I’ll never forget the first time Bruce told me about Johnny Knapp. He told me to meet him an Arby’s just inside the perimeter. It’s in the book I wrote about Bruce. It was a late afternoon in July 2012:
Bruce Hampton was stealing my curly fries, punctuating each theft with, “Shhh, don’t tell my wife.” He’d just come from the YMCA swimming pool in nearby Doraville, and he smelled of chlorine. The restaurant was a block or two from where the old Pearson Gulf Station used to be, where Bruce had worked in the early days of the Hampton Grease Band.
Then, pointing a curly fry at me, he said, “I’ve got to tell you about the most amazing cat I’ve ever met. His name is Johnny Knapp. Piano player. He’s in his eighties, and he’s a beast.” Bruce continued, “He played Lincoln’s second inaugural ball. He was born in Lower Manhattan and got polio as a baby. When the doctor told his parents they should move to the country r his health, they moved to Brooklyn. A bunch of us meet him for lunch on Tuesdays at an IHOP and just stare at him like he’s Babe Ruth.”
He recited the Johnny Knapp legend, stories run through Bruce’s hyperbolic lens: The son of Czech immigrants, Johnny jammed with Charlie Parker, backed Billie Holiday and Sarah Vaughn, and gigged with Louis Armstrong. He saw the Hindenburg crash while on a Boy Scout trip to New Jersey. Johnny was slated to perform at the Ambassador Hotel in Los Angeles the day Robert Kennedy was shot, and in the aftermath of the assassination, Roosevelt Grier knocked him down. Finally, Johnny was Steve Allen’s band director, and he had the only permanent parking space at the Apollo Theatre.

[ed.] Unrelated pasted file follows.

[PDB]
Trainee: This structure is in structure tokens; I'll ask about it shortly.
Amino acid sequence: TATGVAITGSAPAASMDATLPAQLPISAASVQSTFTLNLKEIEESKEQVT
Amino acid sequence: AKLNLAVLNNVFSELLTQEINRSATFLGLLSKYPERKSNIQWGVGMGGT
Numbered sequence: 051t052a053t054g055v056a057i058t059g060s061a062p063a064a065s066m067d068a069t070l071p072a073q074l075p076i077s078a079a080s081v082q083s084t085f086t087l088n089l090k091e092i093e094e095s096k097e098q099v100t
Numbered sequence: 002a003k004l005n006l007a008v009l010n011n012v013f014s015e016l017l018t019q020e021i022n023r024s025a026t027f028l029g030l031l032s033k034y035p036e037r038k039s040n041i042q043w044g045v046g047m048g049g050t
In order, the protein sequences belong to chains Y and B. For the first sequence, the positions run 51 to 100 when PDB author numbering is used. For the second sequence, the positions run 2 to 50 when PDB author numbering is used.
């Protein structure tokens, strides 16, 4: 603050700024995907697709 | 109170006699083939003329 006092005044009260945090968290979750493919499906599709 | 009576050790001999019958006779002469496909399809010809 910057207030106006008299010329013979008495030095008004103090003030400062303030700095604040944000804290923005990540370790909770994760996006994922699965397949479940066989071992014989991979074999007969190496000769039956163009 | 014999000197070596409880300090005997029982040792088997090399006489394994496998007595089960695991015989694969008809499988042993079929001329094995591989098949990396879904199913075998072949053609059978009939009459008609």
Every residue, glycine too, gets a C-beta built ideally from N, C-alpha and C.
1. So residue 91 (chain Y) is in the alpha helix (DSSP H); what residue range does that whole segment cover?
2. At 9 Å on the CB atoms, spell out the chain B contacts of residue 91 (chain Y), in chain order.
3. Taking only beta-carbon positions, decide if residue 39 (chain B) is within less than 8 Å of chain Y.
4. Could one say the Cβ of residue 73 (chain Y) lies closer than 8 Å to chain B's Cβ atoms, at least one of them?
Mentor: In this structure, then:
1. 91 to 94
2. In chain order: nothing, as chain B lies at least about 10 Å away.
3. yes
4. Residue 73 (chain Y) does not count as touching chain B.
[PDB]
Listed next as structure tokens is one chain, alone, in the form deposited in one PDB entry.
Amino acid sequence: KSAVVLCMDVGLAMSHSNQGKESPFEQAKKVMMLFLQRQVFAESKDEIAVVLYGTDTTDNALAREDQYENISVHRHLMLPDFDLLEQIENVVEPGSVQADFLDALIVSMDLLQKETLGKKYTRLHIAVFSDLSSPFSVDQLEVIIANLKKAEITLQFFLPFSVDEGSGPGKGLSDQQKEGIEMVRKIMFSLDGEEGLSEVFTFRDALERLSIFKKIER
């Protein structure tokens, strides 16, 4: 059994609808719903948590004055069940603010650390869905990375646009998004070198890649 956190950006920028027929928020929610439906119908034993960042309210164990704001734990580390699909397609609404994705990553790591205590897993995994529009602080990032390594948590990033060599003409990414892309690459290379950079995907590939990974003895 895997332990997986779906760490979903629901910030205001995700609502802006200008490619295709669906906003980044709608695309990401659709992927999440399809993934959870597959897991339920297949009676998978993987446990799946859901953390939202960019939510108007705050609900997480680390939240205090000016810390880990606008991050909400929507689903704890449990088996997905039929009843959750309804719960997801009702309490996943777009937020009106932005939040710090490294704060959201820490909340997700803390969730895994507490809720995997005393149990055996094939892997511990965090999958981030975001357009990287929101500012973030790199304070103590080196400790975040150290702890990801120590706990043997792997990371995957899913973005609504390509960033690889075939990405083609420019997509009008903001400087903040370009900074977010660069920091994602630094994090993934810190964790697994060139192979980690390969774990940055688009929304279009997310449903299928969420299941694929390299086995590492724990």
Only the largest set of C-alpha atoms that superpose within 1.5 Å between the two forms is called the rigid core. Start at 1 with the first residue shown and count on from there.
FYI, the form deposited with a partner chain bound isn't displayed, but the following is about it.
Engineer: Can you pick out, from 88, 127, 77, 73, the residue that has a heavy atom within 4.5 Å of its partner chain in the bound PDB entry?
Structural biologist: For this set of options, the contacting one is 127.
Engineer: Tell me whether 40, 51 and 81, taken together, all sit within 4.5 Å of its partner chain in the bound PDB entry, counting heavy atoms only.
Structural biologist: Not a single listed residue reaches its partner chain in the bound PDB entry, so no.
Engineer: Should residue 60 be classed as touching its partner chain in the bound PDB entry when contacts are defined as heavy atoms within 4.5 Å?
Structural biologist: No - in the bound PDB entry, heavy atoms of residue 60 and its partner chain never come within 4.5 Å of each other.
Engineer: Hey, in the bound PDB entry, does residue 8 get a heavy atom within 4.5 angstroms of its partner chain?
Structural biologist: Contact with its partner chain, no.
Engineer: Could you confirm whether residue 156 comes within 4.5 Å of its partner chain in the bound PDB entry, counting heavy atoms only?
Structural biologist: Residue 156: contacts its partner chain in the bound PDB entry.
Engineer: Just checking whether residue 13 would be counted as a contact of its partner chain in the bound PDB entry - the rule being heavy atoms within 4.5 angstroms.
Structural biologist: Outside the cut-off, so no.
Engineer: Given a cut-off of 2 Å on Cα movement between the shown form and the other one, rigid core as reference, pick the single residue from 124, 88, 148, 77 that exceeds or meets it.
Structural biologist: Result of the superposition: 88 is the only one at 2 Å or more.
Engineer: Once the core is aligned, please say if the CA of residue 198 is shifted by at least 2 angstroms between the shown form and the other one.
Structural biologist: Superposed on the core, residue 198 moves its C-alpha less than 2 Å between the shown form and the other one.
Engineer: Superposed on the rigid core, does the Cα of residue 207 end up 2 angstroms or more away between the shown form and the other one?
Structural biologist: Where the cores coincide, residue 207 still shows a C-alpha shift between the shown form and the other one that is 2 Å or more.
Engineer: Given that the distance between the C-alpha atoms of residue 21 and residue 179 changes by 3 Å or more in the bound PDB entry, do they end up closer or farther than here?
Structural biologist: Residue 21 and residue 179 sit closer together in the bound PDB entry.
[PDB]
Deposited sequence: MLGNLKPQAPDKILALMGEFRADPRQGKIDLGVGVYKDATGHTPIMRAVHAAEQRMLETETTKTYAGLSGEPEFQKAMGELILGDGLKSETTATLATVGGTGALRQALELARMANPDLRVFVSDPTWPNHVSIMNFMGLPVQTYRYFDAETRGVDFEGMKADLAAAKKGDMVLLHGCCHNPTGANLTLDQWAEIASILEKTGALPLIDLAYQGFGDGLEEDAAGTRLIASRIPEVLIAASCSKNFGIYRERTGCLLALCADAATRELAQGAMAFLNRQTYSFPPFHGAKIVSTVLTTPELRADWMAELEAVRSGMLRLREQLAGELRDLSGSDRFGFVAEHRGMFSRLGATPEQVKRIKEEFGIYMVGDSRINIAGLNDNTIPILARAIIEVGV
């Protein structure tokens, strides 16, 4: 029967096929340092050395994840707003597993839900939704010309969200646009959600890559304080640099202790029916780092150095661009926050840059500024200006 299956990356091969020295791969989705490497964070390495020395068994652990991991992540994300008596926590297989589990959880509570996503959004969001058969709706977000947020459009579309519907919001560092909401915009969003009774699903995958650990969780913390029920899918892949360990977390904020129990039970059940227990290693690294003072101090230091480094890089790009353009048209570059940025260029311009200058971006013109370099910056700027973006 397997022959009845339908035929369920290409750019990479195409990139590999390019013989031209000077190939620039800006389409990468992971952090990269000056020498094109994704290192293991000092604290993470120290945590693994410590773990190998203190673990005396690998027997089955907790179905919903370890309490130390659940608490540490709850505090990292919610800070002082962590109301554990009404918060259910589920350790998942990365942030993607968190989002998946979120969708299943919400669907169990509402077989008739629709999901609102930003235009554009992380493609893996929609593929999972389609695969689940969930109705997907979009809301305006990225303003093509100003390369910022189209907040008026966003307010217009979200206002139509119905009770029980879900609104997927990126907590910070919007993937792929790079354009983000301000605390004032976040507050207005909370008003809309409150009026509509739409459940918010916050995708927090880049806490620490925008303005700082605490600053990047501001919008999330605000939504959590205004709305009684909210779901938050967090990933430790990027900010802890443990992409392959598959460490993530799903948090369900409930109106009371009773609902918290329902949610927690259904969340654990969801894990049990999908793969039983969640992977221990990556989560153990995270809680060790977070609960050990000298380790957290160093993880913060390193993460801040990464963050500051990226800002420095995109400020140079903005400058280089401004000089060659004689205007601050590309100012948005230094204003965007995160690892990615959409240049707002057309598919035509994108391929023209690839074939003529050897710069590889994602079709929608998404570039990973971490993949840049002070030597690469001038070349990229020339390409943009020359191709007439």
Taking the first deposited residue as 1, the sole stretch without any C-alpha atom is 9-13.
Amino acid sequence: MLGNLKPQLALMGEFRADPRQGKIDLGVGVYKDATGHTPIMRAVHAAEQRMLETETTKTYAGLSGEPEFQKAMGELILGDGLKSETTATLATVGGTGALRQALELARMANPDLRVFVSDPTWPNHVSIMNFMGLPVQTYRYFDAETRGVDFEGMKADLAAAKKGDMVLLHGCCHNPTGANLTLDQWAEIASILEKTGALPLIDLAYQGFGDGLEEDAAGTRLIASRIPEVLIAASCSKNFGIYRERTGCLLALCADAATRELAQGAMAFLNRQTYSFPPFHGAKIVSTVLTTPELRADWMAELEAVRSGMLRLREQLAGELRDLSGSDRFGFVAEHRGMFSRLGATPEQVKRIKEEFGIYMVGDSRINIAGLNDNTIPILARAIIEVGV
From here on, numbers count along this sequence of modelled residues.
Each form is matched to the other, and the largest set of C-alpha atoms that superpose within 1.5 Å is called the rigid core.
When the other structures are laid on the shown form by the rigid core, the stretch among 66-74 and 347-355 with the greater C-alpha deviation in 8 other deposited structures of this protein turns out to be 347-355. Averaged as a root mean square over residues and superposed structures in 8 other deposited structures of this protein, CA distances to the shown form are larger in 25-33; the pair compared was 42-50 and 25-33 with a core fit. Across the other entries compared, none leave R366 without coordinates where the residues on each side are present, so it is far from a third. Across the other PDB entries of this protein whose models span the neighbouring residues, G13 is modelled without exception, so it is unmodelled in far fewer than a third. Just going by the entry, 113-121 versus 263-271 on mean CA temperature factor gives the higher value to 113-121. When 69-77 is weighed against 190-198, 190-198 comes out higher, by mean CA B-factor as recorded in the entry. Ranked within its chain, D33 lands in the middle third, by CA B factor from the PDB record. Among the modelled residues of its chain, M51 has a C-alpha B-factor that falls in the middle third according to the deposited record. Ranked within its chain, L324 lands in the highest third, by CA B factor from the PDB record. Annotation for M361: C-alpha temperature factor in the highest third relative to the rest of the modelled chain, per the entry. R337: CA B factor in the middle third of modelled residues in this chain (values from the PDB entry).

“Sometimes Bruce is full of shit, but some of that stuff is true,” said Johnny, who didn’t see the Hindenburg. Nor did Rosie Grier knock him down. But the other stuff was real.
He’d hooked me. I went to the Tuesday lunch and kept going. It was like a scene from Woody Allen’s Broadway Danny Rose, bunch of dudes sitting around a table eating fatty food and drinking coffee, telling lies, asking trivia questions and sometimes making up the answers. Jez, who is a healthy eater, chose the IHOP because it was the only place where Johnny could get cheap crepes the way he liked them.
We used to celebrate birthdays at the IHOP. Look at Facebook, you’ll see plenty of pictures from Unknown Vincent or possibly my brother from another mother, Andy Estes. Looking at them puts a smile on my face and a tear in my eye. Bruce was a friend and Johnny became a very close friend. The kind you worried about.
Johnny was born and died during the month of November. As I sit here wrapping this up, it’s his birthday, November 25, one day before my mother’s. He would be 92 now. He had a squeaky Brooklyn rasp and a sweet nature, could curse like a sailor, knew the filthiest jokes. He liked to eat crepes at the IHOP and wor wonton soup at the Chinese place and used to come to my house on the holidays and play our electric piano. He loved Bruce Hampton, who introduced Johnny to a new generation of fans and musicians and one my mother’s three sons, who kind of misses worrying about Johnny Knapp.